This Final Report outlines the findings of research addressing two pressing conceptual and policy challenges: 1. What impact does housing assistance have on social inclusion for people with disabilities? 2. How can governments ensure that they maximise the social inclusion benefits from the housing assistance they provide now and into the future? Investigation of the nexus between housing assistance and social inclusion for people living with a disability is important because of the introduction of a clear whole-of-government social inclusion imperative in government-funded and supported programs. It is also important given the widespread and ongoing concerns about the capacity of the housing system to meet underlying demand for affordable and appropriate housing, especially for vulnerable individuals. In order to address the overarching research questions, a two-stage methodology was employed. The first stage of the research involved a literature and policy review to set the context for the research and to highlight what we already know about disability and housing generally. This review and analysis is presented in the Positioning Paper for the project. For the second stage of the project, reported in this Final Report, primary data were collected from people living with a disability receiving housing assistance and representatives of agencies supporting people living with a disability. Participants in the research had a range of types and levels of disability, within the target groups of cognitive, psychological, physical/mobility and sensory disability or impairment. Most participants were social housing tenants or private renters in receipt of CRA. Some 98 interviews were conducted with people living with a disability for the research, as well as a small number of focus groups with people living with a disability and service providers. Interviews and focus groups were conducted in three states: NSW, SA and Victoria. The focus of the data collection for the second stage of the project centred on: The current housing situation of people living with a disability, as well as their housing histories and experiences, housing and support needs and the impact of their disability on their housing. The general level of social and economic participation of people living with a disability, including their satisfaction with their connectedness to the community, services, employment, family and friends, and their thoughts around their ability to deal with a crisis and have their voice heard. The importance of the concept of social inclusion to participants, and their daily life. Participants thoughts around social inclusion/exclusion, satisfaction with their social inclusion outcomes, and perspectives on individual and structural barriers to social inclusion, particularly those who stemming from their disability. The role of housing assistance in promoting social inclusion/affecting social exclusion, and the impact of other considerations and issues on social inclusion/exclusion, for example, support needed, social networks, et cetera. Central to this research was giving a voice to people living with a disability. This voice is clearly represented throughout the rest of this document, and shows the importance of housing assistance for the social inclusion, health and wellbeing of people living with a disability. In addressing the guiding research questions about the nexus between social inclusion and housing assistance for people living with a disability, the research pays specific attention to the individual level factors identified by participants as shaping their disability and housing (or homelessness) experiences. It also notes how these factors-type and severity of disability, economic resources and disadvantage, life circumstances and neighbourhood issues and safety concerns-have impacted on, or reinforced, their personal wellbeing and social inclusion/exclusion. The discussion clearly notes that housing is an important part of the life experiences of people living with a disability, and one that can, and has, exerted sometimes contradictory impacts on the life circumstances. For some individuals at some time, it has served as an important resource and stabiliser in their lives, while for others, it has served to constrain their opportunities and limit their capacity for social inclusion. From the discussion, it is evident that many participants are trapped within a complex web of competing pressures, with their wellbeing outcomes and levels of functioning and inclusion in mainstream society and its institutions shaped by factors not always within their control. On the whole, the research finds that housing assistance has a very substantial impact on the social inclusion of people with a disability in Australia. It has a number of positive impacts: Housing assistance provides stability in the lives of people living with a disability who would otherwise be vulnerable to a range of negative circumstances and who may otherwise have no sense of control over their lives. Housing assistance helps people with a disability deal with other crises in their lives-health, family relationships, monetary concerns et cetera-and adds to their resilience and independence. Housing assistance reduces the exposure of people with a disability to very high housing costs and the risk of eviction. It reduces both vulnerability to homelessness and the experience of (recurrent) homelessness. In the absence of housing assistance, it is almost certain that significantly larger numbers of people living with a disability would experience homelessness, and its most acute manifestation-rough sleeping. Housing assistance makes it more likely that people with a disability will enter and remain in paid employment. This has social inclusion benefits both for the individual and broader society. Housing assistance, in some instances, can help people with a disability find a voice within their community by equipping them with advocacy skills and providing stability in life, which in turn enables engagement with wider social institutions. There are a number of steps governments can and should take to ensure that the social inclusion benefits arising from housing assistance to people with a disability are maximised: First and foremost, the provision of additional social housing will advance the wellbeing and social inclusion of persons with an impairment across Australia. Additional supply, targeted to this vulnerable group within society, will have significant positive impacts. Social housing provision for people with a disability should avoid creating areas of concentration of people with a disability. While acknowledging that the demand for social housing exceeds supply and the need of many people living with a disability for urgent assistance, grouping large numbers of people with a disability in one location has negative effects. The supply of social housing needs to be spread across a range of locations and neighbourhoods as much as possible. The housing occupied by people with a disability needs to meet the circumstances of the individual and their household as closely as possible. This includes modifications to the dwelling and on-going maintenance where the disability may require on-going attention. A pertinent example here is for dwellings where a wheelchair user resides. Housing assistance for people with a disability should focus on providing accommodation in places with good access to public transport in order to facilitate access to both services and employment. Housing assistance programs can and should be used as a vehicle for delivering training and community development programs that help people with a disability find their voice. Additionally, it is clear that much more needs to be done to improve outcomes for people living with a disability accommodated in the private rental market. Lessons can clearly be learned here from existing private rental support programs assisting people living with a disability specifically, such as that offered by Karingal in Geelong, as well as those assisting other vulnerable groups. Directing more resources to agencies to deliver such assistance for people living with a disability, however, should not be at the expense of further investment in social housing. It is clear that this is the best option for many people with severe disabilities and impairments, and particularly those needing specific disability-related modifications to a dwelling. The reality remains, which we still have a long way to go in developing a private rental market responsive to the disability-related needs of tenants. Regardless of the tenure focus of assistance, the findings of this small scoping study also highlights the immediate need for supports for people living with a disability, including housing assistance, to concentrate on sustaining tenancies. Social inclusion outcomes for tenants will remain sub-optimal if actions to sustain tenancies are not promoted. This is clearly a concern for those with mental health issues in particular. People with a disability and their households remain one of the most disadvantaged groups within society. Housing assistance, and especially access to social housing, is one measure that governments can take to substantially improve their wellbeing and degree of social inclusion within broader society. People with a disability should remain a priority group in the housing allocation processes of social housing providers and more attention should be paid to the interface between health services and housing.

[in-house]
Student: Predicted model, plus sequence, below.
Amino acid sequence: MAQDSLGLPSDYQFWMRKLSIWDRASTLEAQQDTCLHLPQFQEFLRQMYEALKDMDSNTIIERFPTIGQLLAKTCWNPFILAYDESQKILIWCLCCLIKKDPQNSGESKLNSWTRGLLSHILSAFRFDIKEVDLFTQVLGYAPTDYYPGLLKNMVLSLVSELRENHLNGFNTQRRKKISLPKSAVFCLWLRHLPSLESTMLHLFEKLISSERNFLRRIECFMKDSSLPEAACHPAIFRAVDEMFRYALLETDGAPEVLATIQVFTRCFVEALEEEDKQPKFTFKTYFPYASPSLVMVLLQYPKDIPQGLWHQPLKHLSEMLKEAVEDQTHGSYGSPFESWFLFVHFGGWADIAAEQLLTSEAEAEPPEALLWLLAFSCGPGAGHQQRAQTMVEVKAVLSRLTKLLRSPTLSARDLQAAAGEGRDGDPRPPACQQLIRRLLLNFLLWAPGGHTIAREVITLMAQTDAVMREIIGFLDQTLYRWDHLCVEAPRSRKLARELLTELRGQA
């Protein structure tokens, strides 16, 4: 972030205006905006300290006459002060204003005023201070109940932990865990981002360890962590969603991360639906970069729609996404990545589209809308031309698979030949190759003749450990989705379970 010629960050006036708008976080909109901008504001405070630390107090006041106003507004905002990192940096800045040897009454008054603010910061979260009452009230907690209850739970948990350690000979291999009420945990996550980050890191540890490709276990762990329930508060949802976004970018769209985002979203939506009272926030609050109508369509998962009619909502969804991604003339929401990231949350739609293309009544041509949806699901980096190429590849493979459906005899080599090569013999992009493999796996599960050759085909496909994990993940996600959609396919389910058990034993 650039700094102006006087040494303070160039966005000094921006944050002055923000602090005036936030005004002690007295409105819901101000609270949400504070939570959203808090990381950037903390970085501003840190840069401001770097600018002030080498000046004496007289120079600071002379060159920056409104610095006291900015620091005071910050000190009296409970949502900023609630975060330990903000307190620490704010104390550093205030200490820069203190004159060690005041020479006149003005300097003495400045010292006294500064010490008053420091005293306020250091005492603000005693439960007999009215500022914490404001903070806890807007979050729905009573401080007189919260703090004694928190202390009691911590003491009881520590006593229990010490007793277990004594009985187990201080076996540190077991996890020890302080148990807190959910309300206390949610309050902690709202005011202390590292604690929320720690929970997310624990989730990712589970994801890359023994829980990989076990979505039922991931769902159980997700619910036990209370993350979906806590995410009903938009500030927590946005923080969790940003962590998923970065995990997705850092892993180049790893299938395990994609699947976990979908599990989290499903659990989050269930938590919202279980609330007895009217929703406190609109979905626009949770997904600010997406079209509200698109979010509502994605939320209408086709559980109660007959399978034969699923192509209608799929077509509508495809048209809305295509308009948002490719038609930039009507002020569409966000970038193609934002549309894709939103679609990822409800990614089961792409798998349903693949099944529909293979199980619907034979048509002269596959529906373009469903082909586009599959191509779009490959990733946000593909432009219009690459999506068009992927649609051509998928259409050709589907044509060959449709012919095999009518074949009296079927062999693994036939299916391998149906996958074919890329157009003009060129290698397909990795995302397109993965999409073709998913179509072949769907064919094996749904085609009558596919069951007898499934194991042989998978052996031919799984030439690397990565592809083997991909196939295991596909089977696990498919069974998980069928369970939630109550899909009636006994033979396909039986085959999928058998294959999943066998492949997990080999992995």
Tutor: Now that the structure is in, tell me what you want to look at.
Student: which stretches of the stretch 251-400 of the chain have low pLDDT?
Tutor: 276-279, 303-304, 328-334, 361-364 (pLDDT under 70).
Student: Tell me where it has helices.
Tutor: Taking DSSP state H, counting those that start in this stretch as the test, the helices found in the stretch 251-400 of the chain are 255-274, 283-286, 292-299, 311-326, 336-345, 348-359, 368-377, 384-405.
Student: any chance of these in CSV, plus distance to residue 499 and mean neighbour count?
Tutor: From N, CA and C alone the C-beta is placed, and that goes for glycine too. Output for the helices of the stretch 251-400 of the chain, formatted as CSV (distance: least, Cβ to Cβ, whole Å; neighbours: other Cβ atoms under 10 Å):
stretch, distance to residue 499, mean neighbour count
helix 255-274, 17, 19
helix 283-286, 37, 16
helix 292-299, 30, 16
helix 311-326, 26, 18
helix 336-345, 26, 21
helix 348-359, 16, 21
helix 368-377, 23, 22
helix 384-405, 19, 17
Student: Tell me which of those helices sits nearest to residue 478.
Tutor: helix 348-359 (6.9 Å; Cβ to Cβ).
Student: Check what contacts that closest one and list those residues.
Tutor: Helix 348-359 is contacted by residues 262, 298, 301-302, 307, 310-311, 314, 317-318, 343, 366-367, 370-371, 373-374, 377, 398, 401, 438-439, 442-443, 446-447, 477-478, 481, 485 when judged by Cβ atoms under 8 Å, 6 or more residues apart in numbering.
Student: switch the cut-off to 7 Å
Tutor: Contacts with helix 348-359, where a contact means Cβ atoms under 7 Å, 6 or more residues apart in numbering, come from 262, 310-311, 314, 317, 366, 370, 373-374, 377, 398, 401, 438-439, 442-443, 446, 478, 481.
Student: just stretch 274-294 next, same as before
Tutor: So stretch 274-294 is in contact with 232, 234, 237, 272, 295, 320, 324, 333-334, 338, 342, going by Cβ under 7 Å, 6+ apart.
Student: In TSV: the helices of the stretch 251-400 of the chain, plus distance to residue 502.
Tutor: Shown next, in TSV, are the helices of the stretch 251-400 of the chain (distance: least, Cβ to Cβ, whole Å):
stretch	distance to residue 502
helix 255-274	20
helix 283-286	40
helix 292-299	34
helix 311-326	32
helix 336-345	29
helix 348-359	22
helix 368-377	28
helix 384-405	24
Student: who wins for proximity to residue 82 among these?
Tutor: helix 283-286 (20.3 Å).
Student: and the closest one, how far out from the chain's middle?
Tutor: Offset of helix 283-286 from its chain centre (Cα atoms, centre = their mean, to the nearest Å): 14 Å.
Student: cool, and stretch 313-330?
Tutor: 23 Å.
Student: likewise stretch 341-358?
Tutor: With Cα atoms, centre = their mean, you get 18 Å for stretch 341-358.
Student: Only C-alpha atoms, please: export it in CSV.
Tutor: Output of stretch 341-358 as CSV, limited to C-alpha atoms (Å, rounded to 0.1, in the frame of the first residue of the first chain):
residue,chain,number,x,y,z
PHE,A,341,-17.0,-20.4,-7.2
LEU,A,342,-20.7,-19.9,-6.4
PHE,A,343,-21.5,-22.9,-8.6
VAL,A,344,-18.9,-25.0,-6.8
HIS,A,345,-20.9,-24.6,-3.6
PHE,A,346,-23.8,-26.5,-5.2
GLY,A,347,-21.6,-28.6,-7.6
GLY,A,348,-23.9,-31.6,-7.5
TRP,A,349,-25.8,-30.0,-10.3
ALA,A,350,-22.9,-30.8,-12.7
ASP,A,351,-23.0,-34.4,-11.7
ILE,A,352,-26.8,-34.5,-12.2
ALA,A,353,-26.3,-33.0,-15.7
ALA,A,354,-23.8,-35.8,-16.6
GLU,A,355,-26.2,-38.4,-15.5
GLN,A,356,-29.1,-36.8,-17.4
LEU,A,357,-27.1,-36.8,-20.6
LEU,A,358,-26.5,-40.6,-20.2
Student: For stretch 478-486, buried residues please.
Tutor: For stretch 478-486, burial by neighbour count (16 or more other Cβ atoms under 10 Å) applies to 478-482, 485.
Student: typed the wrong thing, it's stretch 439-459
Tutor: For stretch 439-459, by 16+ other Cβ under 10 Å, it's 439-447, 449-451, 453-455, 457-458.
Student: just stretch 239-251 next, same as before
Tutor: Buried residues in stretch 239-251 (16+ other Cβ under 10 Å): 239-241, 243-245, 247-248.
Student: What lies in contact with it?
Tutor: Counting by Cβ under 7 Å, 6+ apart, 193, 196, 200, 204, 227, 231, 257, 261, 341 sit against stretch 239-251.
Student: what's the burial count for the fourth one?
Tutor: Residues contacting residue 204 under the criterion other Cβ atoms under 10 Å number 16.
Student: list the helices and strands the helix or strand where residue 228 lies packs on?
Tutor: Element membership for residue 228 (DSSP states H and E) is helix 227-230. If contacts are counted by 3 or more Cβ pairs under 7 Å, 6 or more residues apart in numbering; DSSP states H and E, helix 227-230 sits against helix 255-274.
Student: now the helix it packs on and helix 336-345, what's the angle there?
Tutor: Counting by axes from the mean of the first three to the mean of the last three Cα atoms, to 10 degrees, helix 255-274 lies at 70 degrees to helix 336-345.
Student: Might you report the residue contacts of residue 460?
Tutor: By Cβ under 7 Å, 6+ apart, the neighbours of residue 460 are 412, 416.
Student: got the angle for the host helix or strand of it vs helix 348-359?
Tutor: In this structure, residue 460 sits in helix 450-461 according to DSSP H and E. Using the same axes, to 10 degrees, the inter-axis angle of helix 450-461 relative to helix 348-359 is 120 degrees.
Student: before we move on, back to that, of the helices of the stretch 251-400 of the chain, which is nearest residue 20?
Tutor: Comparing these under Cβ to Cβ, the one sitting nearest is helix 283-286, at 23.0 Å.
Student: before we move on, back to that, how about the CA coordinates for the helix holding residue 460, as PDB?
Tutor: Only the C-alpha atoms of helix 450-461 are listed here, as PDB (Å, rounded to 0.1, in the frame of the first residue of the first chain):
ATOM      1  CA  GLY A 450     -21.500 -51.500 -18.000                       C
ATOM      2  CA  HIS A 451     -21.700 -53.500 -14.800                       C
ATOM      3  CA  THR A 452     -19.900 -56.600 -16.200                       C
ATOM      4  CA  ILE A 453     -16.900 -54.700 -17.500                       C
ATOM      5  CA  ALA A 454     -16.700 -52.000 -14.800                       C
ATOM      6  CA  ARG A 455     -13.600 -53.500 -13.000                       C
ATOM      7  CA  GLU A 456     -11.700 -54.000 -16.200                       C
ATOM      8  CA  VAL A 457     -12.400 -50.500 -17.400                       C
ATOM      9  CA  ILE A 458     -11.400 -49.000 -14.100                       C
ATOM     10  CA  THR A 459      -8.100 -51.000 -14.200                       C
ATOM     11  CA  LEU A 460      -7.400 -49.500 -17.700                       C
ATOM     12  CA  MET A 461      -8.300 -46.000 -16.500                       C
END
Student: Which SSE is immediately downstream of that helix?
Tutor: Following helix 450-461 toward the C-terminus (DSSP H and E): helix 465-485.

Original languageEnglish
Place of PublicationMelbourne
PublisherAustralian Housing and Urban Research Institute
Number of pages82
ISBN (Electronic)978-1-921610-86-8
Publication statusPublished - Nov 2011
Externally publishedYes

Publication series

NameAHURI Final Report
PublisherAustralian Housing and Urban Research Institute
ISSN (Print)1834-7223


  • Disability
  • Housing assistance
  • People
  • Social inclusion